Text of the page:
When reports of Samuel’s behavior at the zoos get back to his supervisor, Samuel is offered a leave of absence but chooses to abruptly quit his job, take his pension, and leave Guelph. Here there is a break in time in which Samuel writes a manuscript about his breakdown. Never published and almost forgotten, the five hundred–page manuscript is discovered by Samuel in his basement forty years later when he is moving from his home in a rural area of northern Canada where he has been living alone. In the last hundred pages of Weak in Comparison to Dreams (entitled “Notes”), Samuel reflects back on the manuscript and describes his present life. Ah, the old discovered manuscript trick, a timeworn way to show a character’s change. Not for Elkins. Though superficial features of Samuel’s life are different now, he is psychologically essentially the same, still obsessive-compulsive. Maybe he’s even worse off than in his zoo days, for now he doesn’t recognize his problem, has almost no imagination, and cares little about contact with living creatures. “Notes” may make Weak in Comparison to Dreams look like a recovery narrative, but it’s actually a re-cover-up story. As I said, Elkins has courage, perhaps because he’s not a young guy trying to lift off a career as a novelist.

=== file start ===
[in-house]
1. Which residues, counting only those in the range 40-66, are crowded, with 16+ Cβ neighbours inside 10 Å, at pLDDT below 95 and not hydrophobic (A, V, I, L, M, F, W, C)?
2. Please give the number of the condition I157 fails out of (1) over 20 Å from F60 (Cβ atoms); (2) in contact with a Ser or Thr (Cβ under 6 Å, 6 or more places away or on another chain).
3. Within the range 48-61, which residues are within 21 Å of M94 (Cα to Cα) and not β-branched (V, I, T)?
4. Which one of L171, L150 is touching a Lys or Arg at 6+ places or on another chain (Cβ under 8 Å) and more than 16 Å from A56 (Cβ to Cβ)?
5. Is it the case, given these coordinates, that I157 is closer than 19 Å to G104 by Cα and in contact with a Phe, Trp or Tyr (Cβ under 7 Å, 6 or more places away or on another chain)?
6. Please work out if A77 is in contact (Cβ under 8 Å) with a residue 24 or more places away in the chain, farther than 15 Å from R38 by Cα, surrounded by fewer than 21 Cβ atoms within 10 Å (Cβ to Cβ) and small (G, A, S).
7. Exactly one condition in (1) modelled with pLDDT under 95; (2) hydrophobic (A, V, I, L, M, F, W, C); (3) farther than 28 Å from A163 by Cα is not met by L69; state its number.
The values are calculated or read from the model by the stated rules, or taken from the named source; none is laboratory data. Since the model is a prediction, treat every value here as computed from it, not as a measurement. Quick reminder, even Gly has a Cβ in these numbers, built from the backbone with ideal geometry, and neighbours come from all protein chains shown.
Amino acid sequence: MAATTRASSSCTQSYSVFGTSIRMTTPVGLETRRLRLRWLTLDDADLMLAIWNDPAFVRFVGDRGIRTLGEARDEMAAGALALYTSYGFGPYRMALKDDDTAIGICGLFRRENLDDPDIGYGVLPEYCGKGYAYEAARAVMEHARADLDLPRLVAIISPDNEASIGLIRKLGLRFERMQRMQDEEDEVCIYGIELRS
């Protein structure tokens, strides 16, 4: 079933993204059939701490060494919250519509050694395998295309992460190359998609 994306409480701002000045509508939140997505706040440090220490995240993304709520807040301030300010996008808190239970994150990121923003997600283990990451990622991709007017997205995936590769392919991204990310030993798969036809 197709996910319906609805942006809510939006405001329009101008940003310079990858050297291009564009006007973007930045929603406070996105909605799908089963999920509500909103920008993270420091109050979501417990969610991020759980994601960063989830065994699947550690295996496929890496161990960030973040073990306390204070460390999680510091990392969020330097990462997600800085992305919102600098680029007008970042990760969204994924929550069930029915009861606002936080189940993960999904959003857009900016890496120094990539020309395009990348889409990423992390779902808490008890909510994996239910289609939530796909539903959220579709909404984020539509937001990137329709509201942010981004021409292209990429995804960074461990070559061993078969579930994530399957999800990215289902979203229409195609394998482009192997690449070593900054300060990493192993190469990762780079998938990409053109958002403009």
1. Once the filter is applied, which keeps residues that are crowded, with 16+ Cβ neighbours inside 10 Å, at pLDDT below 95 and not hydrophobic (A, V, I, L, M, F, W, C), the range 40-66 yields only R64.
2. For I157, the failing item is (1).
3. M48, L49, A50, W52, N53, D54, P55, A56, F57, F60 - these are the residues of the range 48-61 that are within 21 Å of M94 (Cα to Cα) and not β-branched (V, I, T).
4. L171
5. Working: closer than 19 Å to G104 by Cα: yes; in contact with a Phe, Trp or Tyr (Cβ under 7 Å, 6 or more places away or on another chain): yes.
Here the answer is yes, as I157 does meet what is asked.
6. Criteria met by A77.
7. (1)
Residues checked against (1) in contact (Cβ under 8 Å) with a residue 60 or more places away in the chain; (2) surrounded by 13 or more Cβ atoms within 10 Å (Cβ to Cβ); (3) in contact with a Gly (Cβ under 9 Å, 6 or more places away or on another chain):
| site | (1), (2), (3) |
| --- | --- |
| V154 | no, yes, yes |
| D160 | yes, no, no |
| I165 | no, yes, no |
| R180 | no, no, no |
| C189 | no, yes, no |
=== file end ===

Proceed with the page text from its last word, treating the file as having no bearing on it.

In both parts of the novel, Elkins himself seems obsessed—with the writing workshop’s mantra “Show don’t tell”—and his way of showing reflects his long interest in photography. In What Photography Is, Elkins suggested it’s “a good time to say goodbye to photographs of people.” When Samuel remembers Watkins Glen, Elkins includes a few photos of nature. Then come many photos of ugly zoo cages and enclosures without animals. Stressed by his visits, Samuel most explicitly reveals his repetition compulsion by describing over and over nightmares of forest fires. For each of these dreams, Elkins provides numerous photographs of fire and burned-over land. The documents Samuel’s helpers send also stimulate visuals included in the text: diagrams of animals’ repetitive pacing, of planetary motion, and of Samuel’s routes around his apartment, all of which have a vague figure-eight or infinity form, perfect for OCD. The only humans pictured in the novel are threatened individuals such as Icarus in a few old woodcuts. An “Envoi” has nine pages of individual animals.
The photographs are all black and white, generally about a half page in size, and not particularly artful. Most of the photographs “illustrate” dreams, which are usually frightening to Samuel and yet praised as a release from his daily life, which he says is “weak in comparison to” dreams. Since the sleeping mind is not yet capable of taking photographs, Samuel hunted around for images that would show what he was experiencing at night. Samuel’s accompanying texts follow along, words telling and interpreting what is “shown.”
The photos are numerous and repetitive but, because of their pedestrian quality, are not particularly affecting. Maybe I’m missing Elkins’s intention, but it seems Samuel’s obsessive inclusion of images in his manuscript is yet another sign of his separation and desperation. The photographs don’t connect him to the world, only to its dull and miniaturized simulacra. Elkins’s photographs don’t create a sense of mystery as those of Sebald, or Catherine Lacey in this year’s Biography of X. Instead, Elkin uses the images to imitate his character’s reductive mania. Although the photographs are not what I would have expected in a novel by Elkins the photography critic, they do again demonstrate his courage, his dedication to a unity of subject, style, and media.